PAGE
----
Dealing with Anger

Monday, May 1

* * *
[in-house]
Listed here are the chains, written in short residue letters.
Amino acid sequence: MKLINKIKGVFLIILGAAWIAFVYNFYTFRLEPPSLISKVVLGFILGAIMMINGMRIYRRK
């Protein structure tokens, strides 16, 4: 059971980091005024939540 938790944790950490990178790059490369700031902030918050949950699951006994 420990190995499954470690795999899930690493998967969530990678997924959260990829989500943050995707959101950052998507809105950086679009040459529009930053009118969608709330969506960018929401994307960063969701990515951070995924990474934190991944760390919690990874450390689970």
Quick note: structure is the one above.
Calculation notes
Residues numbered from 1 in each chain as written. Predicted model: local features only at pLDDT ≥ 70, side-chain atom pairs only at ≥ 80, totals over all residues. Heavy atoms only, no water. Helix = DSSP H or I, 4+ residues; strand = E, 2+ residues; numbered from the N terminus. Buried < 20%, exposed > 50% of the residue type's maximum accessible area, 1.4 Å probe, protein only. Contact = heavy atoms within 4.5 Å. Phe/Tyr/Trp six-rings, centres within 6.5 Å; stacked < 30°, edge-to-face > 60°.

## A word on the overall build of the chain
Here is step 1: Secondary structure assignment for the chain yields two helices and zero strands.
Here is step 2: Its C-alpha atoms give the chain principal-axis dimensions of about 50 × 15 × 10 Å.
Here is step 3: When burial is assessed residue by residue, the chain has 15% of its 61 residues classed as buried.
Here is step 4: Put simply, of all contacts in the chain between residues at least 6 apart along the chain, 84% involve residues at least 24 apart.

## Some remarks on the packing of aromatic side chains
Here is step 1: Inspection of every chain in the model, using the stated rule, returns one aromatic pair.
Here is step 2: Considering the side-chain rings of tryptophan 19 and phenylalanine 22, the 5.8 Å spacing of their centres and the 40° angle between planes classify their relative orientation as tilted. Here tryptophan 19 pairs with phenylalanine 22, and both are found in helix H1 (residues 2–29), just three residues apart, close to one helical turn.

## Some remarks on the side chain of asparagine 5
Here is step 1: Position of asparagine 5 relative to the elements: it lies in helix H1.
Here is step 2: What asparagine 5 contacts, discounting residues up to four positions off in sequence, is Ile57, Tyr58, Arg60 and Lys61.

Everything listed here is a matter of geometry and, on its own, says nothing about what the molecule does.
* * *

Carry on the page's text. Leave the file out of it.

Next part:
“When anger rises, think of the consequences.”—Confucius.  Nice thought, but my experience is that thinking of the consequences comes too late.  When anger arises, logic is put on the back burner.  Emotion takes over.  Prevention needs to take place before an anger situation arises.   Anger has to be anticipated.  First of all we need a solid conviction that anger is sin that stems from the sin nature, the core of which is self.  Self is conquered by humility.  I think that’s why Paul in Philippians 2 picks out humility as the godly trait that should permeate our lives.  Anger can’t exist where humility rules; they are mutually exclusive.  So if preventing anger depends on being humble, how can I maintain a life of humility?  Paul doesn’t lay out a program for this; he just says to follow Christ’s example.  But he does give some pointers that pertain to the issue.  One (Phil. 2:12) is that we are to continue to work out our salvation with fear and trembling.  This could imply that we do it in our own strength, and that it is in order to gain salvation—neither of which is true.  Paul is addressing believers here, so it’s not a salvation issue; it’s a sanctification issue.  And neither is it a thing that we can do on our own.  The next verse says “For it is God who works in you to will and to act according to his good purpose.” As usual, Paul puts together our own efforts to live a godly life with the caveat that we can’t do it without God’s enablement.  There’s another innuendo, too—that becoming humble is a work in progress.  There will be lapses, which will have to be dealt with.  The goal (v. 15) is clear: “so that you may become blameless and pure, children of God without fault in a crooked and depraved generation.”  This is a high calling and anger is not an ally.

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